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Sailor Missing From Vietnam War Identified (Goodwin)

By | | June 03, 2017

U.S. Navy Cmdr. Charles B. Goodwin has now been accounted for.

On Sept. 8, 1965, Goodwin was the pilot of an RF-8A aircraft, assigned to Detachment D, VPF-63, CVW-15, when he launched from the USS Coral Sea, for a combat photo mission over North Vietnam (now Socialist Republic of Vietnam.) At the time of the early-morning flight, numerous intense thunderstorms were reported between the USS Coral Sea and the North Vietnam. Fifteen minutes after launching, Goodwin reported that he had encountered thunderstorms en route to the target area. That was the last radio transmission from him. Search efforts over the target area and adjacent coastal waters were unsuccessful, no emergency radio signals were heard and no aircraft wreckage was sighted. Goodwin was declared missing in action as of Sept. 8, 1965.

In February 1988, a Vietnamese refugee provided information regarding the location of possible human remains and material evidence, including a military identification card for Goodwin. Between April 1993 and December 2016, multiple attempts were made by the Vietnamese Office for Seeking Missing Persons (VNOSMP) and Joint U.S./Socialist Republic of Vietnam (S.R.V.) teams to locate the crash site and remains of the pilot, without success. In December 2016, a Joint Forensic Review team received possible human remains that had been in the possession of a Vietnamese national. The remains were sent to the DPAA laboratory for analysis.

DNA and laboratory analysis were used in the identification of his remains.

The support from the government of Vietnam was vital to the success of this recovery.

Interment services are pending.

For more information about DPAA, visit http://www.dpaa.mil, find us on social media at http://www.facebook.com/dodpaa, or call 703-699-1420.

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Airman Missing From Vietnam War Identified (Smith, J.)

By | | June 03, 2017

U.S. Air Force Reserve Capt. Joseph Smith has now been accounted for.

On April 4, 1971, Smith was the pilot of a single-seat F-100D aircraft as the leader in a flight of two aircraft on a combat mission over Cambodia. While making a pass over the target, the pilot of the other aircraft noted white vapor streaming from the left wing of Smith’s aircraft. Smith’s aircraft crashed a half mile from the target. The other pilot reported that he did not see any ejection from Smith’s aircraft and no beepers were heard. The following day, an aerial search revealed aircraft wreckage over a large area, however no remains were observed. Due to intense enemy activity in the area, ground forces could not attempt a recovery operation. Smith was declared missing in action as of April 4, 1971.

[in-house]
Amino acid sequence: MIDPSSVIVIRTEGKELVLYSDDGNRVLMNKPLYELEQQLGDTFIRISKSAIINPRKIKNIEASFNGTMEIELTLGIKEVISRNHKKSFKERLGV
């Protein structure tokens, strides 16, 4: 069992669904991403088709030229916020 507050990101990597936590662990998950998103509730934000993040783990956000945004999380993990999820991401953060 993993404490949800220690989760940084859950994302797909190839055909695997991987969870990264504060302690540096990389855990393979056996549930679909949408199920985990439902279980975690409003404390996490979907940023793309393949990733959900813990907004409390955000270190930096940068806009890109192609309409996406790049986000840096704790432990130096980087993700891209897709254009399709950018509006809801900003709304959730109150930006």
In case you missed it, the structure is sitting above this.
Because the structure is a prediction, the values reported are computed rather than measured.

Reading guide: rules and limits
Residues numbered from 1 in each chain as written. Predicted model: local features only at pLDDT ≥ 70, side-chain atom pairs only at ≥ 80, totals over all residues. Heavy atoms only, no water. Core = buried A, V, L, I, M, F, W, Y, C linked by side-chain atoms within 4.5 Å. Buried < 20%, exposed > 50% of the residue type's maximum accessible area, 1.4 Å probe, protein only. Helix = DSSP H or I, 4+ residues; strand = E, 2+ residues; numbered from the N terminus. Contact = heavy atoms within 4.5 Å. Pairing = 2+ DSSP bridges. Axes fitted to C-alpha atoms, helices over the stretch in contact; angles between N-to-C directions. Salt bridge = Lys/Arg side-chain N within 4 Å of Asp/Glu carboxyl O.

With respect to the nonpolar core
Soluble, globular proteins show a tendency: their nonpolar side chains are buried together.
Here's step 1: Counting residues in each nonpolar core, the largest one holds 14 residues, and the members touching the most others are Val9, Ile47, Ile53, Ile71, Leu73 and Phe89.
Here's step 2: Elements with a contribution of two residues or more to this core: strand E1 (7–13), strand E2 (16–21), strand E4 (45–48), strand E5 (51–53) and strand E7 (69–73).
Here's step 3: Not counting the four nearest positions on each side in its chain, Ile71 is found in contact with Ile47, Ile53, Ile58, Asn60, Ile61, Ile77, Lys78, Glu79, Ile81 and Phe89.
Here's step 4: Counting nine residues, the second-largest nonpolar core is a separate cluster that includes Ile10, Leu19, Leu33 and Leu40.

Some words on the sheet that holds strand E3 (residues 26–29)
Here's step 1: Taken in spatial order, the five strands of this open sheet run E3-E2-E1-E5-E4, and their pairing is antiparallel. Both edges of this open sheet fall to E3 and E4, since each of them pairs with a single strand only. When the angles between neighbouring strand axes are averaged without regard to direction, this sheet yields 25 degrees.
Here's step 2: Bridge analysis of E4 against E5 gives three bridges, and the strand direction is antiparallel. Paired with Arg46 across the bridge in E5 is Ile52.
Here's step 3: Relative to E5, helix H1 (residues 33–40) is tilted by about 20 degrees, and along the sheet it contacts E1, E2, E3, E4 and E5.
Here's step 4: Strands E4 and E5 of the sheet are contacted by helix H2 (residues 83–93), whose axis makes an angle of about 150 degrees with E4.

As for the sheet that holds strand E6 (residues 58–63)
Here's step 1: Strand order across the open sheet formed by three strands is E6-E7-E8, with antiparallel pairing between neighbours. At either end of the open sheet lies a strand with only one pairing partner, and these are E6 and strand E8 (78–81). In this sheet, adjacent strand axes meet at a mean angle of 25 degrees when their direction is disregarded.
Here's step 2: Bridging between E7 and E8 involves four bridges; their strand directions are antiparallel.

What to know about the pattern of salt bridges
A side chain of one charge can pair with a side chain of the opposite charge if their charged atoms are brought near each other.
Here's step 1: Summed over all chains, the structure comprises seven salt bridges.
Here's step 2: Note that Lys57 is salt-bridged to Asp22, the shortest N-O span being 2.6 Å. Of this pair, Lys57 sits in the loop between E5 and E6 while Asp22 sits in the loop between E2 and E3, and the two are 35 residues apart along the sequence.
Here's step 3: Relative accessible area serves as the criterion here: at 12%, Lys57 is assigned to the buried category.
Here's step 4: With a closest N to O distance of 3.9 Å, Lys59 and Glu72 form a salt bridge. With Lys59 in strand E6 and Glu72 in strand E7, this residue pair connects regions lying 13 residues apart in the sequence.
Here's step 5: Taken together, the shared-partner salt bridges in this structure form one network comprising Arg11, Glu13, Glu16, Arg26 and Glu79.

U.S. and Kingdom of Cambodia teams, with the assistance of the U.S. Embassy’s POW/MIA specialists, investigated the loss from 1996 until 2016. During subsequent excavations of the crash site in Kampong Thom Province, teams recovered possible osseous remains and wreckage associated with an F-100D aircraft.

DNA and laboratory analysis was used in the identification of his remains.

The support from the Kingdom of Cambodia was vital to the success of this recovery.

Interment services are pending.

For more information about DPAA, visit http://www.dpaa.mil, find us on social media at http://www.facebook.com/dodpaa, or call 703-699-1420.

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Navy Pilot Killed In Vietnam War Accounted For (Crosby)

By | | May 22, 2017

The Defense POW/MIA Accounting Agency (DPAA) announced today that the remains of a U.S. serviceman, killed in the Vietnam War, have been identified and will be returned to his family for burial with full military honors.

Navy Lt. Cmdr. Frederick P. Crosby, 31, of Lockport, New York, will be buried May 28 in San Diego, California. On June 1, 1965, Crosby was the pilot of an RF-8A aircraft on a bomb damage assessment mission over Thanh Hoa Province, North Vietnam. His aircraft was hit by enemy ground fire while flying at high speed and low altitude over the target area, and crashed. Due to the location of the crash site in hostile territory, the Navy was unable to conduct search operations. The Navy declared Crosby deceased as of June 1, 1965.